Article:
Bilateral kidney sodium-MRI: Enabling accurate quantification of renal sodium concentration through a two-element phased array system

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Abstract

Purpose:

To develop a sodium-MRI (23Na-MRI) method for bilateral renal sodium concentration (RSC) measurements in rat kidneys at 9.4 Tesla (T).

Materials and Methods:

To simultaneously achieve high B1-field homogeneity and high receive sensitivity a dual resonator system composed of a double-tuned linearly polarized 1H/23Na volume resonator and a newly developed two-element 23Na receive array was used. In conjunction with three-dimensional (3D) ultra-short Time-to-Echo sequence a quantification accuracy of ± 10% was achieved for a nominal spatial resolution of (1 × 1 × 4) mm3 in 10 min acquisition time. The technique was applied to study the RSC in six kidneys before and after furosemide-induced diuresis.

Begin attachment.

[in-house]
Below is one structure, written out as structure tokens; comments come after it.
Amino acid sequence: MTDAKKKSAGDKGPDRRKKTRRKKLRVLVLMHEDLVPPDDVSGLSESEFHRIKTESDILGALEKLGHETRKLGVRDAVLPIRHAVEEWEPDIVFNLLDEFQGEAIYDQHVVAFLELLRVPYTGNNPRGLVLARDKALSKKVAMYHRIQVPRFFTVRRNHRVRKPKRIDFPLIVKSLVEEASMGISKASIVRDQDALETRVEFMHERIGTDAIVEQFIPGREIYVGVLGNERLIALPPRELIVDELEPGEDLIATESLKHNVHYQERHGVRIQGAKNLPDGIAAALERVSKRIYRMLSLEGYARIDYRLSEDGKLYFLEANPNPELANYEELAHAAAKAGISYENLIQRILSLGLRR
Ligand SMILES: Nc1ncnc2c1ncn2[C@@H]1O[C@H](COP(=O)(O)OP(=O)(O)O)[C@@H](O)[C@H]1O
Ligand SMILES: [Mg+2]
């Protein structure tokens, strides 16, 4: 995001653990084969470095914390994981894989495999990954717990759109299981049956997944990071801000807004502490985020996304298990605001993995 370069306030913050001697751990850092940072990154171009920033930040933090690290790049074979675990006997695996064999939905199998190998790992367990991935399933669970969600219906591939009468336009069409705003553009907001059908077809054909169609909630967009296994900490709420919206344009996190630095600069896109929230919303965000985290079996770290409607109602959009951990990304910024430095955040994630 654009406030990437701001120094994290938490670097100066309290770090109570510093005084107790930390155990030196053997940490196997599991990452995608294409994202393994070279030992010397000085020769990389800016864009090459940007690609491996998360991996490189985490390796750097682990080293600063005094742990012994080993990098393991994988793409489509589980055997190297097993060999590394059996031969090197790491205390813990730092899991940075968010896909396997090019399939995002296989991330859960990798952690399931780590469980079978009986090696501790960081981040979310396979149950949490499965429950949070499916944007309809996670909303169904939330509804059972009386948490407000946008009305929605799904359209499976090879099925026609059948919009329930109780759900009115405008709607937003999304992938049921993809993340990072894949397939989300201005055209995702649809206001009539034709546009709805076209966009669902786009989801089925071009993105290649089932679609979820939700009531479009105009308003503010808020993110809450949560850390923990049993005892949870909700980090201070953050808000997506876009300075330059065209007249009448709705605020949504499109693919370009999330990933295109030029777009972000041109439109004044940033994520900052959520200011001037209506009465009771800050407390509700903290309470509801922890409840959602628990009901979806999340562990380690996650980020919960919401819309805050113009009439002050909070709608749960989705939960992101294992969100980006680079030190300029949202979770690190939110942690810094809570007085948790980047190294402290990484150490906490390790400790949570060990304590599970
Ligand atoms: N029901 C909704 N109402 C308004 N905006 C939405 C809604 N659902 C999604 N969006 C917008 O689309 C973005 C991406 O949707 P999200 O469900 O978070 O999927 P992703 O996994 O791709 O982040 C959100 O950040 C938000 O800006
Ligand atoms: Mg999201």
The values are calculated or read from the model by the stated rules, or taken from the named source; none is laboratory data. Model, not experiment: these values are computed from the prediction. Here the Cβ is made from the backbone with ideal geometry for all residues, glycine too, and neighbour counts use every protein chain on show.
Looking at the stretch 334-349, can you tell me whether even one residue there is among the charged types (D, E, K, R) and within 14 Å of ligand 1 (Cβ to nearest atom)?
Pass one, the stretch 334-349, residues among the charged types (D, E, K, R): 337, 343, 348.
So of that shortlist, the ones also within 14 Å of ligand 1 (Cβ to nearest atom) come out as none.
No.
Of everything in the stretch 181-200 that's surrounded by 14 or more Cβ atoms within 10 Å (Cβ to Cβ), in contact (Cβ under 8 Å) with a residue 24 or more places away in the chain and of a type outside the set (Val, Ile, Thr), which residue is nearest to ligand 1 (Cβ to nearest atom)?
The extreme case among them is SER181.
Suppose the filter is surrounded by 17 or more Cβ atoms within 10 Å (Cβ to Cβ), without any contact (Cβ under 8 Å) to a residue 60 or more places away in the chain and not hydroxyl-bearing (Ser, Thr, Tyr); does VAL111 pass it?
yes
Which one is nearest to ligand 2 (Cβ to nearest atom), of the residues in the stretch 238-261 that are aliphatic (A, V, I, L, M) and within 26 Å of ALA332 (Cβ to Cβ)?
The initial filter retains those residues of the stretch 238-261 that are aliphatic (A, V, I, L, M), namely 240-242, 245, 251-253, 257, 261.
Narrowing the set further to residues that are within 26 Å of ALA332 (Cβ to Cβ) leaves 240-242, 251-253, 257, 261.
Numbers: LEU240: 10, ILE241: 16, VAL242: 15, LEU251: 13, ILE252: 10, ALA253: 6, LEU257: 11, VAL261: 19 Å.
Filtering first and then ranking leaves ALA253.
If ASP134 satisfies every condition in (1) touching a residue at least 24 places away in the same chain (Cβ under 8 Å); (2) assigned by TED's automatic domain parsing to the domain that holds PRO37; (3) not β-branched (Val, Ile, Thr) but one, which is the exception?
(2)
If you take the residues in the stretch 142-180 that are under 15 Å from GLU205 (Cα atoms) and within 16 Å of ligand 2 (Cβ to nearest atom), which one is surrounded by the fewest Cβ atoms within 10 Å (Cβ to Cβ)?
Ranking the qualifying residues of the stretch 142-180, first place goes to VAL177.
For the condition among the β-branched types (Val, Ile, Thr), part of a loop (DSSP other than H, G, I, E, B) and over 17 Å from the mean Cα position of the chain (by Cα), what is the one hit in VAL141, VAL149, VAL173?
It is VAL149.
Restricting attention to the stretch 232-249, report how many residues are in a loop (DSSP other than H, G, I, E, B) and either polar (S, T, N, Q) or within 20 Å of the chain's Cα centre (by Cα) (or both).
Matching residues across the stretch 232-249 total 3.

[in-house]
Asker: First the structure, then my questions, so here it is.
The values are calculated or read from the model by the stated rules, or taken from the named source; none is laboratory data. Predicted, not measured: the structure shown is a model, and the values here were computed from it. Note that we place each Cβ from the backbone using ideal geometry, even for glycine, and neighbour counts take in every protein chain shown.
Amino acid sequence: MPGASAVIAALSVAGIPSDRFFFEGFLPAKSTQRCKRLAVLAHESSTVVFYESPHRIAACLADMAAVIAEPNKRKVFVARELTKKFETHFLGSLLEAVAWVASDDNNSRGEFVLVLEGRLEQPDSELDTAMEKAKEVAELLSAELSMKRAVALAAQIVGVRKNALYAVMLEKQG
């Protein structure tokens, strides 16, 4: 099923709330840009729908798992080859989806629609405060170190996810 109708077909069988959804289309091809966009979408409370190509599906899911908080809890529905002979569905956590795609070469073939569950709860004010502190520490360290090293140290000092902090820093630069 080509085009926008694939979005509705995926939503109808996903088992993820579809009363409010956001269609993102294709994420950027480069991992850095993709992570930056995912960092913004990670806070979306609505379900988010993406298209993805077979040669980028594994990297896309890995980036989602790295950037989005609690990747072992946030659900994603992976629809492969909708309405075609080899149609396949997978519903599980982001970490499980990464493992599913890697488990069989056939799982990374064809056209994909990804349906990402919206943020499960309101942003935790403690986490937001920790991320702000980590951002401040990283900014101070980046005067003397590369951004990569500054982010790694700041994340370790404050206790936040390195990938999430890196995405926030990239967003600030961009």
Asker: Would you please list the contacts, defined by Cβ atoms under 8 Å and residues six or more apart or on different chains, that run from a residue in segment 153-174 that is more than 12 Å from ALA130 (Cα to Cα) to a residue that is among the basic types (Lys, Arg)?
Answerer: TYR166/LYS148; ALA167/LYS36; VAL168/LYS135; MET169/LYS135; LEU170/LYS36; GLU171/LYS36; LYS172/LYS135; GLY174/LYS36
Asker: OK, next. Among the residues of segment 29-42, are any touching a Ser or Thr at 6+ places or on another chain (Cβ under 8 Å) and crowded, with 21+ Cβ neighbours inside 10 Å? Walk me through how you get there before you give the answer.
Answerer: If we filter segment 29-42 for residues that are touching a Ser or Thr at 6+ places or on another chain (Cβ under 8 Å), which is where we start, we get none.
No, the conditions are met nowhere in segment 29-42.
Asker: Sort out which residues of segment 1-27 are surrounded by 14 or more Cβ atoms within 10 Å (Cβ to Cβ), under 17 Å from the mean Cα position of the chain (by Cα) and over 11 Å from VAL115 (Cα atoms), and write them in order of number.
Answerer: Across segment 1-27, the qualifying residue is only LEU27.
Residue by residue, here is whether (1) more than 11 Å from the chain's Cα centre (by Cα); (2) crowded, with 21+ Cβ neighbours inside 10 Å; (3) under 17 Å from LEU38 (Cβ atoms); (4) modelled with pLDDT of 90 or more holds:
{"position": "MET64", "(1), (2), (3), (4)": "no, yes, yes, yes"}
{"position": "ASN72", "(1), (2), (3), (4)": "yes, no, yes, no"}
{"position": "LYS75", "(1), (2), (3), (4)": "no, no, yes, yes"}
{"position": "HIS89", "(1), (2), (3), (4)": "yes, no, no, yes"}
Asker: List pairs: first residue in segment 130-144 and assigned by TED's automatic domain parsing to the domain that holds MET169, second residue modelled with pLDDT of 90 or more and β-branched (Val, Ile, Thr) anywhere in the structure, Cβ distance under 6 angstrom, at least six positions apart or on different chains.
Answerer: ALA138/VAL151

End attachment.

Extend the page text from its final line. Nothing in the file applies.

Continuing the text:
Results:

The loop diuretic agent induced an increase of cortical RSC by 22% from 86 ± 16 mM to 105 ± 18 mM (P = 0.02), whereas the RSC in the inner medulla decreased by 38% from 213 ± 24 mM to 132 ± 25 mM (P = 0.8×10−4). The RSC changes measured in this study agreed well with the qualitative sodium signal intensity variations reported elsewhere.

Conclusion:

Furosemide-induced diuresis has been investigated accurately with herein presented quantitative 23Na-MRI technique. In the future, RSC quantification could allow for defining pathological and nonpathological RSC ranges to assess sodium concentration changes, e.g., induced by drugs. J. Magn. Reson. Imaging 2013;38:564–572. © 2013 Wiley Periodicals, Inc.

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